HEPA filter is normally recommended for removal of Mycobacterium tuberculosis from the airstream. Due to its high cost, a cheaper air-filter substitution is proposed in this study. Both low- and high-grade glass fiber air filters were coated with 5% TiO2 using either polyethylene glycol (PEG), Silane (Si-69), or DURAMAX (D-3005) as a binder. The coated filter was placed in a test duct and irradiated with UVA at an intensity of 4.85 ± 0.41 mW/cm2 to investigate photocatalysis for M. tuberculosis. The effects of dark and light conditions as well as initial exposure to UVA on bacterial removal were studied. Silver-doped and iron-doped TiO2 at different concentrations were also tested using face velocities of 0.1 and 1 m/s and humidity levels of 50 ± 10% and 70 ± 10% RH.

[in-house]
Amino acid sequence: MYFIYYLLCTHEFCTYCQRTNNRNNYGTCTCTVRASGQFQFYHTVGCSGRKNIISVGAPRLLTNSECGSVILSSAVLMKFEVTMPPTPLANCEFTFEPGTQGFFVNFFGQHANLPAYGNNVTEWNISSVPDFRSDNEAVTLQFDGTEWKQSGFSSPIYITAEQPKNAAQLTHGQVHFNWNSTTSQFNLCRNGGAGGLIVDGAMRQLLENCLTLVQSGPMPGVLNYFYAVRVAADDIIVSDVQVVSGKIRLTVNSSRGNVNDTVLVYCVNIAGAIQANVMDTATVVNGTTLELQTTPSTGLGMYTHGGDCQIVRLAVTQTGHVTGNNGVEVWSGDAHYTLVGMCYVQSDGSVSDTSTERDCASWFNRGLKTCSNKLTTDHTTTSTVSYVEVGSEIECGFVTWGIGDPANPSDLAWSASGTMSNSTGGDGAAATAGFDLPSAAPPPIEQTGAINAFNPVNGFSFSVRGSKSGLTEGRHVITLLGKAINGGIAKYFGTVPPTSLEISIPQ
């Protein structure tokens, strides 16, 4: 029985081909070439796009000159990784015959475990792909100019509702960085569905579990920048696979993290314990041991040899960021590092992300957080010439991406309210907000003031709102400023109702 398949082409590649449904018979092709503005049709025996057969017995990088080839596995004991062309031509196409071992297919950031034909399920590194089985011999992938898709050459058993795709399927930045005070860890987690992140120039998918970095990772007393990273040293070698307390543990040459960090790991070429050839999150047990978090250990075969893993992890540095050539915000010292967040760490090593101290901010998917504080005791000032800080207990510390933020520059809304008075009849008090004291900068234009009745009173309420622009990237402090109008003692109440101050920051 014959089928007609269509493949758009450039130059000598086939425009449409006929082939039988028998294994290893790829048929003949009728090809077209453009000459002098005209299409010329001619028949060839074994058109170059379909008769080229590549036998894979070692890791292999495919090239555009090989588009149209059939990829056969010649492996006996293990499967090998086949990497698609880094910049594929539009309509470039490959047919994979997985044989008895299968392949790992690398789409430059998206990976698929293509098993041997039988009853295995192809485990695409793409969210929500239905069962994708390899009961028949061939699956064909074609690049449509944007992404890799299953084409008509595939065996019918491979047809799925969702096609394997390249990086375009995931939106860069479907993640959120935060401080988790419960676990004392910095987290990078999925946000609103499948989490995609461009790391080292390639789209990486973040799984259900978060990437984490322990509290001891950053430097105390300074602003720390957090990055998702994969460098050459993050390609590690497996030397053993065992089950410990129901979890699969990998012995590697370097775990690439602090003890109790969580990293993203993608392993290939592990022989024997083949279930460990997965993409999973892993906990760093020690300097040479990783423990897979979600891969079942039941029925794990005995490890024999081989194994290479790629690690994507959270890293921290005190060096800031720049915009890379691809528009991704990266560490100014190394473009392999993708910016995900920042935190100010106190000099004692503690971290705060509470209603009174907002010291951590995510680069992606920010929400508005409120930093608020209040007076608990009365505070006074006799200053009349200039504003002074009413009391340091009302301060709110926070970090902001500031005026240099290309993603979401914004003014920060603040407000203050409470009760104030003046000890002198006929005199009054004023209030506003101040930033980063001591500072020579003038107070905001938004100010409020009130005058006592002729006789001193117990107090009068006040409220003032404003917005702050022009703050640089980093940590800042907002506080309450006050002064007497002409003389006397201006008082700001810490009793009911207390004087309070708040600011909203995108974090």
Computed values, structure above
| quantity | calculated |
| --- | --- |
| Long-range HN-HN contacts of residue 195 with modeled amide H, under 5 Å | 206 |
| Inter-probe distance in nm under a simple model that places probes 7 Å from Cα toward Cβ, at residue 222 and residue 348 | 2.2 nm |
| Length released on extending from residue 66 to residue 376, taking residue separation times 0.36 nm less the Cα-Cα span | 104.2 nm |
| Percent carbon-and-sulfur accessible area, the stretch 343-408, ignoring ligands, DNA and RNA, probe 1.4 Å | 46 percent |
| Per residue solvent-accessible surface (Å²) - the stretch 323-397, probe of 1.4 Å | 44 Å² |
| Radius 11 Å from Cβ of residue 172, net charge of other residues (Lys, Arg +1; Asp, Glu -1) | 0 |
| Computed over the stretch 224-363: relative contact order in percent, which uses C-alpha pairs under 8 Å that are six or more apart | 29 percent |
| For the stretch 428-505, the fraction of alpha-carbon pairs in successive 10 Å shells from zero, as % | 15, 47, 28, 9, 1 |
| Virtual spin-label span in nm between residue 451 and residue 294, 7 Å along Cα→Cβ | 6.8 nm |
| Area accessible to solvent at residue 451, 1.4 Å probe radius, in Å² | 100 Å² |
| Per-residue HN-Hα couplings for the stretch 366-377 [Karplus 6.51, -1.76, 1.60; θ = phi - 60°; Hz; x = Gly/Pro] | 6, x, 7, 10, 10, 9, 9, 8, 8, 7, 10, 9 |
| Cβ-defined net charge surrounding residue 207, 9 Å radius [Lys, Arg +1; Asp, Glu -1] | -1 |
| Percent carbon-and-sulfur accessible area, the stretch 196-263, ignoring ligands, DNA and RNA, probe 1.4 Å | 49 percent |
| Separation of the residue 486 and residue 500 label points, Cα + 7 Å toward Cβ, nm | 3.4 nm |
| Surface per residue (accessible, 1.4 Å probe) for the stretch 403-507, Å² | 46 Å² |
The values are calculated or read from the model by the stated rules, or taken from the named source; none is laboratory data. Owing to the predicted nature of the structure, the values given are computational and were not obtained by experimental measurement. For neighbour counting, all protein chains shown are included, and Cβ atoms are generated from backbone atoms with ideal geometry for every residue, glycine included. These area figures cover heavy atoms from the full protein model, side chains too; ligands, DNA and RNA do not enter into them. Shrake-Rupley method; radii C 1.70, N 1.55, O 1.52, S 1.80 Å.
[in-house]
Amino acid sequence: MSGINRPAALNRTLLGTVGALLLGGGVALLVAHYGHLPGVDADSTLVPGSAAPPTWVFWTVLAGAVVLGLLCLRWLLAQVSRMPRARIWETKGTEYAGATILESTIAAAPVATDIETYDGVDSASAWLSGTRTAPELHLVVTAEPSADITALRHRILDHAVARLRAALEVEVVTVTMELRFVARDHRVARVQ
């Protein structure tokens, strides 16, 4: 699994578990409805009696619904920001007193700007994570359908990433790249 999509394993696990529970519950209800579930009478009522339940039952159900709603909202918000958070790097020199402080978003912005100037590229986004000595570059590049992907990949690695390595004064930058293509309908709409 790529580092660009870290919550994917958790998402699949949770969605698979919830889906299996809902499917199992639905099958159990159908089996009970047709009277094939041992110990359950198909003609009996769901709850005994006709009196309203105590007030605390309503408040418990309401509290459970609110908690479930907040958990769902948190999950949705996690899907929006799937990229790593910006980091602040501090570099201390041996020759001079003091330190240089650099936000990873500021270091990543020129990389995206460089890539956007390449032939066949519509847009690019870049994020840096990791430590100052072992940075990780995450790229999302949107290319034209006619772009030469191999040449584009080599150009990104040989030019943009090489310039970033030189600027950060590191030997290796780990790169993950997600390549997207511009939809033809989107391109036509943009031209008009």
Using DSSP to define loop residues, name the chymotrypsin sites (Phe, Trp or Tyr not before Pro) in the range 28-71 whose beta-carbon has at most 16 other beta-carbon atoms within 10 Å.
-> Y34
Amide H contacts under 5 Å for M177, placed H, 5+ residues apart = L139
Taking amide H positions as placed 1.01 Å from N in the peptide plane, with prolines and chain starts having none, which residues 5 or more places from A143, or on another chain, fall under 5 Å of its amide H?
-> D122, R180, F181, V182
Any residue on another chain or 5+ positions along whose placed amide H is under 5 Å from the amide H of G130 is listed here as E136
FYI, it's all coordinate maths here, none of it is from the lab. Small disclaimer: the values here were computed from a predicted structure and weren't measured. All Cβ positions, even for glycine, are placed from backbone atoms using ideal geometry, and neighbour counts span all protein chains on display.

The most appropriate binder for coating TiO2 onto filters was 3% D3005. Using 0.1% metal-doping, 100% removal efficiencies were found. Dark/light conditions affected the hydrophobic/hydrophilic properties of TiO2-coated filters and the removal efficiencies. The removal rate could be increased by extending the warm up period of the lamps. When the face velocity was increased, the removal efficiency dropped in both filters. Similarly, high humidity adversely affected the removal efficiency, particularly with the coated high grade air filter.